There is a wide range of climate projections available for Europe. For long-term climate projection information, several global (CMIP3/5/6) and regional (EURO-CORDEX, or the ENSEMBLES project) climate model datasets are available. In addition, a number of EU countries have their own national climate projections (such as UKCP18 for the UK, KNMI-14 for the Netherlands, or CH2011 for Switzerland). This can make it challenging for users to navigate and choose from this variety of projections. Particularly, different climate models will often give different projections of future climate. The range of possible outcomes given by a group of models gives a measure of climate model uncertainty. In order to better inform decision makers, it is important to better understand and measure this uncertainty in climate projections. Assessments have already been carried out to better understand this, for instance in the UK, Australia and Switzerland, using the latest climate models, and more recent research from other Horizon 2020 projects, such as CRESCENDO, APPLICATE and PRIMAVERA.


Work Package 2 (WP2) aims to extract more useful information from the diverse and complex landscape of climate projections in order to make it easier for users to include them in their decision-making process. WP2 does this in two main ways.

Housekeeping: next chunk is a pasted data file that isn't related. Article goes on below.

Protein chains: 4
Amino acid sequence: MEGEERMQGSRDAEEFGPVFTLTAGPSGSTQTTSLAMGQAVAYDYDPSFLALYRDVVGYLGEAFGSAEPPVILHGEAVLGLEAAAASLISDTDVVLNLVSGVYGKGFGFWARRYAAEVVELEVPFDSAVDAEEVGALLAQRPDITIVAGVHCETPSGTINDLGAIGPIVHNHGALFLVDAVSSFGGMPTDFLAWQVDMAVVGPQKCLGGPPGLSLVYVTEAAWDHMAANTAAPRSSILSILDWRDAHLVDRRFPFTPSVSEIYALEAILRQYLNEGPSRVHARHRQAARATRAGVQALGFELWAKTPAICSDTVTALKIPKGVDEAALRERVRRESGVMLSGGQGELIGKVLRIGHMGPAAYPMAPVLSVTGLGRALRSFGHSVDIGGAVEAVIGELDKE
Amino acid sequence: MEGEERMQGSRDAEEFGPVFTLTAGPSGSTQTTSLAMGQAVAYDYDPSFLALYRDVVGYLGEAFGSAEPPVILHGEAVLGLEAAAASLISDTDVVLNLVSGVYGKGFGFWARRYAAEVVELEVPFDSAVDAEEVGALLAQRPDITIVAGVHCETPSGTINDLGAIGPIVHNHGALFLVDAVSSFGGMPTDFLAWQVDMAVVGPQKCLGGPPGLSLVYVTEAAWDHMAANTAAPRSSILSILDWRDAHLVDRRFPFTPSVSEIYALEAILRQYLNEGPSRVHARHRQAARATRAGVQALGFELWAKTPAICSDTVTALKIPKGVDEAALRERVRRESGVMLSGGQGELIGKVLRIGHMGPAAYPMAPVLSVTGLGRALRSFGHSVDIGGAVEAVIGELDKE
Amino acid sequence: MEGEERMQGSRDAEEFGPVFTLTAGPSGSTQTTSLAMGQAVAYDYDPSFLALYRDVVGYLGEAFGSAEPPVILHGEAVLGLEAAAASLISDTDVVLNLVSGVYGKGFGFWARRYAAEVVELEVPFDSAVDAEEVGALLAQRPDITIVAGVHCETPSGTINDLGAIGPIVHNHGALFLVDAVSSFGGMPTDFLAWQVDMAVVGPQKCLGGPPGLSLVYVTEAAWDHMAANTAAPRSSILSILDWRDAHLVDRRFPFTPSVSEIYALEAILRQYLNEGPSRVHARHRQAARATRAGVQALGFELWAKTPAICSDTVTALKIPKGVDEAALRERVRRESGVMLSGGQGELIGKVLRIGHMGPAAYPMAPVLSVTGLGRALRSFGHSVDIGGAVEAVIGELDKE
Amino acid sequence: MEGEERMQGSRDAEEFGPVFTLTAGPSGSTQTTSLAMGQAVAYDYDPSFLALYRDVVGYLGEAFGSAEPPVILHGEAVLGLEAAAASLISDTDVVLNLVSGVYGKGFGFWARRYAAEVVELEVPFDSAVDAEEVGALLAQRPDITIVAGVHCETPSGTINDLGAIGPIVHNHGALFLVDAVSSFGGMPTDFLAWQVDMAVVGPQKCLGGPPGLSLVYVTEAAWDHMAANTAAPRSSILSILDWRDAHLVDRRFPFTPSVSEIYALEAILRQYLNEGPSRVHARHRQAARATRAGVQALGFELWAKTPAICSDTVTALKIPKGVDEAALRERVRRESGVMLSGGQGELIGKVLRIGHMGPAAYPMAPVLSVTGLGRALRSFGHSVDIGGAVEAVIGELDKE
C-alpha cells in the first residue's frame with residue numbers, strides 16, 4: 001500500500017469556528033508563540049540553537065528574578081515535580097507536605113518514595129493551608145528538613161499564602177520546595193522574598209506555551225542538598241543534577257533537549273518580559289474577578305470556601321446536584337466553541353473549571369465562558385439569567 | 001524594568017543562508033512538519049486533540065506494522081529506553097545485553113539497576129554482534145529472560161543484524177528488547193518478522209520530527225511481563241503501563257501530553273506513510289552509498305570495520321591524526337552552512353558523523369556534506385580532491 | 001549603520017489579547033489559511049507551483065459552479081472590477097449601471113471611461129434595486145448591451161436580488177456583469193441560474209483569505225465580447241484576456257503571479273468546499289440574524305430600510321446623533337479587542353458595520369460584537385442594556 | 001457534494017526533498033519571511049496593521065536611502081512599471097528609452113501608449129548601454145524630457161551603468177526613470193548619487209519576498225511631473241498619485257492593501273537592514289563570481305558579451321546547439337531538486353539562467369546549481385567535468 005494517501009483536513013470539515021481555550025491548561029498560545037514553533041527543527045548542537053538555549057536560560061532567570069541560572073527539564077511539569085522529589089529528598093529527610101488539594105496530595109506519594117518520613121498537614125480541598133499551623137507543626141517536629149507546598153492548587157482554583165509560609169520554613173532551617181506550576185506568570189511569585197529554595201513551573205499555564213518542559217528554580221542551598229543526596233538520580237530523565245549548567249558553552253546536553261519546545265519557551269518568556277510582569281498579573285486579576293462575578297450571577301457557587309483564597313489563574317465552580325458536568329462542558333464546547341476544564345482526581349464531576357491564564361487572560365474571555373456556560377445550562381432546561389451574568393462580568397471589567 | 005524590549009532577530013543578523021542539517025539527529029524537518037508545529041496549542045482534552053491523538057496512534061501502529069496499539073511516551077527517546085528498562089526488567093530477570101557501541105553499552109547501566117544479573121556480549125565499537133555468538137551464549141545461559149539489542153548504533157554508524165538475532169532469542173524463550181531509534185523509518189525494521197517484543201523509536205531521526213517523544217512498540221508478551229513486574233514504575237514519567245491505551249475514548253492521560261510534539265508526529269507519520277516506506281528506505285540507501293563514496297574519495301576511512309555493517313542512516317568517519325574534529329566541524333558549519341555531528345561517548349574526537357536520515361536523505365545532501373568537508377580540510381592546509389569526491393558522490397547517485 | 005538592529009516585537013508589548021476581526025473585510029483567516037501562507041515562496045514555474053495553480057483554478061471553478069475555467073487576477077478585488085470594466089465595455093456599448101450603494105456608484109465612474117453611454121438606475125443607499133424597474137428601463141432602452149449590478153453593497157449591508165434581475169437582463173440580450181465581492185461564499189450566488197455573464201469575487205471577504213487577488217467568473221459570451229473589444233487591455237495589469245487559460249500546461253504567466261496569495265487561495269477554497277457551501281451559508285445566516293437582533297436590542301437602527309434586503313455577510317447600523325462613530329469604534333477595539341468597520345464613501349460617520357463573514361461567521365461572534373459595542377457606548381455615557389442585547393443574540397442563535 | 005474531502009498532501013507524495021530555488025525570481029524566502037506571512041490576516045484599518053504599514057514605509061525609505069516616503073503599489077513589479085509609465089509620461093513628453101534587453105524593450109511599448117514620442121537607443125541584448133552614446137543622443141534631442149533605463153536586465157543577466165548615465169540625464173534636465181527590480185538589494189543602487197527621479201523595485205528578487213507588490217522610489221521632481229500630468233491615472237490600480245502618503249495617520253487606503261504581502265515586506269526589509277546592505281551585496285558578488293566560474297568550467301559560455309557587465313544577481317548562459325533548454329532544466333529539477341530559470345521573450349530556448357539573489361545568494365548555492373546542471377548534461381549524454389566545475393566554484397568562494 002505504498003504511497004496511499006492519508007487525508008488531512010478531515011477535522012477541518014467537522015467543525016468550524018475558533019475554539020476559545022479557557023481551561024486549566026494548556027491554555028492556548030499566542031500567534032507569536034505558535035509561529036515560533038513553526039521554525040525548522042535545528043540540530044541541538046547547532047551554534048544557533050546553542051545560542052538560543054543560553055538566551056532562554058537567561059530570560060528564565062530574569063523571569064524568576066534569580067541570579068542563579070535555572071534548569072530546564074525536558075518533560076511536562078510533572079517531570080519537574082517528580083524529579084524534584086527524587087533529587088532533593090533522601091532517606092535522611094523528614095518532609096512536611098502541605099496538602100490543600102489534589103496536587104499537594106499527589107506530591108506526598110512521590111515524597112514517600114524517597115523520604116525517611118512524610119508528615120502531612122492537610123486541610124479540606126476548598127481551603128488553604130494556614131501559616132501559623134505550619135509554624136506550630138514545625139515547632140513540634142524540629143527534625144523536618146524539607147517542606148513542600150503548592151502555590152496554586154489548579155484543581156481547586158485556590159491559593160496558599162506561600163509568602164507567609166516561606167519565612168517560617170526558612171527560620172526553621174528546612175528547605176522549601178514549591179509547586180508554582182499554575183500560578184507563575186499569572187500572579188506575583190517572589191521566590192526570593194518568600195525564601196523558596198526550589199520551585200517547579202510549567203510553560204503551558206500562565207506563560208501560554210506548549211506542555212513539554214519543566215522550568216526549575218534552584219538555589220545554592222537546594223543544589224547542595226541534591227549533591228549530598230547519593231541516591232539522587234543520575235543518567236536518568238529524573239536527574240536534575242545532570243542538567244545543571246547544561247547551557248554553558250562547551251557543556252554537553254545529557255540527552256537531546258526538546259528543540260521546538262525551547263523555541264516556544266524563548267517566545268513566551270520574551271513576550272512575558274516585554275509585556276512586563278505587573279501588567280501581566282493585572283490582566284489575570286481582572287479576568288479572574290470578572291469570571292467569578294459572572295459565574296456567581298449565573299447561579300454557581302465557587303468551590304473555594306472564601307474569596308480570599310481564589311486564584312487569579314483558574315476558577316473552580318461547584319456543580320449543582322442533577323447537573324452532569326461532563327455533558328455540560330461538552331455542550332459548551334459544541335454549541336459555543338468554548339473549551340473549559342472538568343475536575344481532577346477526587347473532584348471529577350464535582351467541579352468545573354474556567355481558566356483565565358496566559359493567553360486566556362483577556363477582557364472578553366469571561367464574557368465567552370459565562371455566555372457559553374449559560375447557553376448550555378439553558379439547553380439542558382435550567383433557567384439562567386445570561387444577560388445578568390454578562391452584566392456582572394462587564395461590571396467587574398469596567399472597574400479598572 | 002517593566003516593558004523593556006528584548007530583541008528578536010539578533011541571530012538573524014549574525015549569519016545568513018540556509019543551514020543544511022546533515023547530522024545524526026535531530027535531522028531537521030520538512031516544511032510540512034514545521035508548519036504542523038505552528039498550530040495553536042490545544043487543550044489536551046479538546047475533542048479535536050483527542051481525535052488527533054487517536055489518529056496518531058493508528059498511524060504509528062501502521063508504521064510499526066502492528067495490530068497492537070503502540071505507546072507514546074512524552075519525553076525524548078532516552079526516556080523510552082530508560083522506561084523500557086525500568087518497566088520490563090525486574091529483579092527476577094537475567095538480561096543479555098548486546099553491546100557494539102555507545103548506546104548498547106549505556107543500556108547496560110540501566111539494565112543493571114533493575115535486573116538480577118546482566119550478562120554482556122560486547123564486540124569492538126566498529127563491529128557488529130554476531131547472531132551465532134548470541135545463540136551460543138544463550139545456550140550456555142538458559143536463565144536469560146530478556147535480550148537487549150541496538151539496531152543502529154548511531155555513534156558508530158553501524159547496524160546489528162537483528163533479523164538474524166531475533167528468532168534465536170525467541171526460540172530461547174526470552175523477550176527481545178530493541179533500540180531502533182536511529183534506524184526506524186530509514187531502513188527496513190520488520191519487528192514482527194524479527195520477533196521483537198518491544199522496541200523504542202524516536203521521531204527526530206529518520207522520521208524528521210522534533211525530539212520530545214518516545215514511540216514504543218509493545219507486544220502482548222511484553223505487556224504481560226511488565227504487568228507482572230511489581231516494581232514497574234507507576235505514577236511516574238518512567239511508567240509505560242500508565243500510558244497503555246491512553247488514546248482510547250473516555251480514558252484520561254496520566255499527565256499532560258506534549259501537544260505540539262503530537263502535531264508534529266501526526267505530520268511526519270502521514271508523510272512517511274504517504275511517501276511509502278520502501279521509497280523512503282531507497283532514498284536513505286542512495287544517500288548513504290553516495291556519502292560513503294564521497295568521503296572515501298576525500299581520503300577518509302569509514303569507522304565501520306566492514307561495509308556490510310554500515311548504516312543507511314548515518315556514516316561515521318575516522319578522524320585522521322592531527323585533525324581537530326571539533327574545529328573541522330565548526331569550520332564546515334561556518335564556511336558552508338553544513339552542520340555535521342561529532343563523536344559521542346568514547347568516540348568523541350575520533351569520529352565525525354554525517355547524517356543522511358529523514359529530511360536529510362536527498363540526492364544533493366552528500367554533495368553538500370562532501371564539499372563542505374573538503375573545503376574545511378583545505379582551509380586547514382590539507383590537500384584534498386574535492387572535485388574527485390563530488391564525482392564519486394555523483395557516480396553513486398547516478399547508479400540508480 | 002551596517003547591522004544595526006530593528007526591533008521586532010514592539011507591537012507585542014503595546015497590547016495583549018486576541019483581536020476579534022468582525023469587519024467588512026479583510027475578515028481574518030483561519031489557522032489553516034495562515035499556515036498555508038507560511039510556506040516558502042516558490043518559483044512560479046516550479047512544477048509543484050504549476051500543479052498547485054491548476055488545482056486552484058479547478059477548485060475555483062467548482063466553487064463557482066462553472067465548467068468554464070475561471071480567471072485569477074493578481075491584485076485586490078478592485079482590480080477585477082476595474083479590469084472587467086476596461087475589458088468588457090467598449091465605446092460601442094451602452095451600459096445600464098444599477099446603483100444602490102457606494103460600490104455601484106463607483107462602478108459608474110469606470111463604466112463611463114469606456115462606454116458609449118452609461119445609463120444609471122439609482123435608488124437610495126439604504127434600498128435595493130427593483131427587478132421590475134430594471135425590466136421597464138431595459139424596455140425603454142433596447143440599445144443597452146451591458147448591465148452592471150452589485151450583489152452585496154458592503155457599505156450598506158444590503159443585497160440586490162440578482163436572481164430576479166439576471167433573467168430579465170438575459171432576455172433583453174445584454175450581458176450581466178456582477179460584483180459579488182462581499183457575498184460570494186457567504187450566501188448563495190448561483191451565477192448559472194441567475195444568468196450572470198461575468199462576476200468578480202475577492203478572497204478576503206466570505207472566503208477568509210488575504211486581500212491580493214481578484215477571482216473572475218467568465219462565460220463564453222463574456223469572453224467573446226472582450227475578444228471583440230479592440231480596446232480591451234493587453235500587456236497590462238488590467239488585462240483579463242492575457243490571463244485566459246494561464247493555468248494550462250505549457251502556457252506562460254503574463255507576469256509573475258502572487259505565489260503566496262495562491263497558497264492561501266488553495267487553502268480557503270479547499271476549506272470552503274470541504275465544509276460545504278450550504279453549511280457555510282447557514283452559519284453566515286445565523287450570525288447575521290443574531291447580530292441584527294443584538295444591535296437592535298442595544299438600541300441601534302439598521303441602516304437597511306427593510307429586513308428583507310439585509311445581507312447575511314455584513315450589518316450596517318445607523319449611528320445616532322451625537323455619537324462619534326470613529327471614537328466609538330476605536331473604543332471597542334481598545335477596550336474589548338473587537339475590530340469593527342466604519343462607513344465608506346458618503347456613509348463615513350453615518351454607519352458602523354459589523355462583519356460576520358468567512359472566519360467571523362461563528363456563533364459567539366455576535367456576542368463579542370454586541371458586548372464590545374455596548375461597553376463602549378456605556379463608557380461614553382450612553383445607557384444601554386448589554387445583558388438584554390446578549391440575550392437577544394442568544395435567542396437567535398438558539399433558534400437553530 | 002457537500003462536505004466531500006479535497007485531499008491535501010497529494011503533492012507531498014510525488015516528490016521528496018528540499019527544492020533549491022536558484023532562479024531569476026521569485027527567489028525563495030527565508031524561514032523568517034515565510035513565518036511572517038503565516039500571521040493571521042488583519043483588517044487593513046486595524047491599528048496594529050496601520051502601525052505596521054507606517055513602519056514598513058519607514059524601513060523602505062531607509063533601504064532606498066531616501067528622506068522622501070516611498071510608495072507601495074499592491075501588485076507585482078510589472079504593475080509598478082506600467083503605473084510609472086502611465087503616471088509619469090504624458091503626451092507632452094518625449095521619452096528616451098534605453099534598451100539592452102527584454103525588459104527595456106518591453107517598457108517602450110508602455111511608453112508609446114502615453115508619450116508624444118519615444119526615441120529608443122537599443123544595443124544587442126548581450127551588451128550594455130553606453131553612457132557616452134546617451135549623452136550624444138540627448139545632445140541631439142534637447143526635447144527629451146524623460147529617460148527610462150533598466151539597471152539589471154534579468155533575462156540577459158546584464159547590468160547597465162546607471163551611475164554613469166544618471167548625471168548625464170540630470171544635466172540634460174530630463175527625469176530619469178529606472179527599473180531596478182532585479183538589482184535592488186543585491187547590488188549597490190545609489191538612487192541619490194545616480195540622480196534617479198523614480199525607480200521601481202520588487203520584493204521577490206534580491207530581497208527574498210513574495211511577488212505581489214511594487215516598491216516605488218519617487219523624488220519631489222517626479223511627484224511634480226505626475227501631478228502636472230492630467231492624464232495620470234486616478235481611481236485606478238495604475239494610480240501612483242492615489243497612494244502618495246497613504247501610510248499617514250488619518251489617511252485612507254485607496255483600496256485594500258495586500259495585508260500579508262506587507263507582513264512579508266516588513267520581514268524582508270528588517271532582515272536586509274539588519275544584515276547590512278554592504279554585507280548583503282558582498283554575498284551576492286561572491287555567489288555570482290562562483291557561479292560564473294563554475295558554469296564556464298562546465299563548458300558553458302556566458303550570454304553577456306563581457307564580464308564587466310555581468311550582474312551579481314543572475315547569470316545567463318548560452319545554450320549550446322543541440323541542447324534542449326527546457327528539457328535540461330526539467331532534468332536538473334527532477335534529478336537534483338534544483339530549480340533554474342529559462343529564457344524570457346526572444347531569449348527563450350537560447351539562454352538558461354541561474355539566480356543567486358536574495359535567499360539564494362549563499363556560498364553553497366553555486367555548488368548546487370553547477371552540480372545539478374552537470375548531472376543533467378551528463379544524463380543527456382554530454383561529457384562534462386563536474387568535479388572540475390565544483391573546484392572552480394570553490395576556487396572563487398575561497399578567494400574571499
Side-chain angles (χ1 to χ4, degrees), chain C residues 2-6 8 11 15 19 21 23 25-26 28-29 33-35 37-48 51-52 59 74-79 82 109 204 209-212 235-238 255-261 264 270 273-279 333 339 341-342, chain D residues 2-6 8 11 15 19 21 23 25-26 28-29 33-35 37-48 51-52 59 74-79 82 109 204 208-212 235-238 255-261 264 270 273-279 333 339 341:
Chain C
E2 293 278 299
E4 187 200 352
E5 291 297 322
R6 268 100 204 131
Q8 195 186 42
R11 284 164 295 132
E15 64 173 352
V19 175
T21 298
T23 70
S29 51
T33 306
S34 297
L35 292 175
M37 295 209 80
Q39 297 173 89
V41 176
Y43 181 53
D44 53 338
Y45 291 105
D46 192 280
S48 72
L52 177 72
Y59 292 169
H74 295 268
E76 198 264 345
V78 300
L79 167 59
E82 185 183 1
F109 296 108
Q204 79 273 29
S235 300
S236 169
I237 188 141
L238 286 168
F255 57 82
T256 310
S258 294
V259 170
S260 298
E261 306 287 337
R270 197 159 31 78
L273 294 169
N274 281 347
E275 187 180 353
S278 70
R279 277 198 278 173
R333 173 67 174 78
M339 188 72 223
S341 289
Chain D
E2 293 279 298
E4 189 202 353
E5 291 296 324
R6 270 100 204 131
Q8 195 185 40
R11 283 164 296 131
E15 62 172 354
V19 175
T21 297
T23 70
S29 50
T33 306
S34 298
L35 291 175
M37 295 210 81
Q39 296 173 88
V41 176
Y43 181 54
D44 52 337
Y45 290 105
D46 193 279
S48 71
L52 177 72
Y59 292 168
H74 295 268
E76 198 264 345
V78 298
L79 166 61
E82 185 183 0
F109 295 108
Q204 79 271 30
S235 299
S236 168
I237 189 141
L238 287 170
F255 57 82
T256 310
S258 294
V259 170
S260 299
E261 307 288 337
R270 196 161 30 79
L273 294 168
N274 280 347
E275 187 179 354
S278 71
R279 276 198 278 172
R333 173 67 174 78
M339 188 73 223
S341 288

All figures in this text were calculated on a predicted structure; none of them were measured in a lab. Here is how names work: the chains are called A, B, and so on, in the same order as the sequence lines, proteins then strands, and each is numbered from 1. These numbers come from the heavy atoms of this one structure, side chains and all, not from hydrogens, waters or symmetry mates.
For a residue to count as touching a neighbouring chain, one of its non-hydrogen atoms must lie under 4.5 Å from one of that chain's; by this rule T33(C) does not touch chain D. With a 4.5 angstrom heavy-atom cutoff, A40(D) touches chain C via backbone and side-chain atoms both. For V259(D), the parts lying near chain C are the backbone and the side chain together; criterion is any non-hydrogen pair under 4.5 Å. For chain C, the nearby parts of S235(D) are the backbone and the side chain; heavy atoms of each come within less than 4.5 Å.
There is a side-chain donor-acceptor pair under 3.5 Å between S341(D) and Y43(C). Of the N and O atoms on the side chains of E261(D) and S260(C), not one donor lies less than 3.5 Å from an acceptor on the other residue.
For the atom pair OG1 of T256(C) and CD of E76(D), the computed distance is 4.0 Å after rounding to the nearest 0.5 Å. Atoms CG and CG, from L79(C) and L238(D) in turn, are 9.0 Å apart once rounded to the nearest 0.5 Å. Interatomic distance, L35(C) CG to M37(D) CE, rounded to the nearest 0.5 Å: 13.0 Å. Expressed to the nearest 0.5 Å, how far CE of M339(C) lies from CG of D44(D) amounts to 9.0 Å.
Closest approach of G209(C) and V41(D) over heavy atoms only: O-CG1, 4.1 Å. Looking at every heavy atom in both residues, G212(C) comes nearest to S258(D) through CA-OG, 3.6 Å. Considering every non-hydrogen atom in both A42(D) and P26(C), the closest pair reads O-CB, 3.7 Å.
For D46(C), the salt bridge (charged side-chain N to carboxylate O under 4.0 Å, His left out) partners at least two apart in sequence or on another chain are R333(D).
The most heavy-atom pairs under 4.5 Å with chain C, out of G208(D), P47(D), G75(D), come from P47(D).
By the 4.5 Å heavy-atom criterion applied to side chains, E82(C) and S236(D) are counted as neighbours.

Firstly, WP2 looks at developing methodologies to better understand and measure the uncertainty in climate projections (also called ‘characterising uncertainty’). The aim of this evaluation is to highlight which parts of the projections’ range are most and least plausible. WP2 does so through:

  • Testing existing and developing new constraints on climate model outputs for Europe on timescales out to 40+ years, using observations and models. This is then used to produce uncertainty quantifications (UQs, that measure uncertainty and its underlying causes) and probability density functions (PDFs) which describe the most likely pathways for future climate change.
  • Comparing this approach with other traditional methods such as unweighted model results and Reliability Ensemble Averaging, which analyses the performance of the model in reproducing present-day climate and the convergence of the simulated changes across models.
  • Determining the contributions of natural variability, model uncertainty and scenario uncertainty in the uncertainty quantifications.

Secondly, an alternative and complementary way to extract more useful information from future climate projections is through ‘storylines’.  Alongside the quantified uncertainty ranges, WP2 also looks at a range of approaches to identify plausible scenarios of future weather and climate relevant to a number of users. These may be placed in the context of the PDFs described above or might be used on their own as part of a robust decision-making approach.

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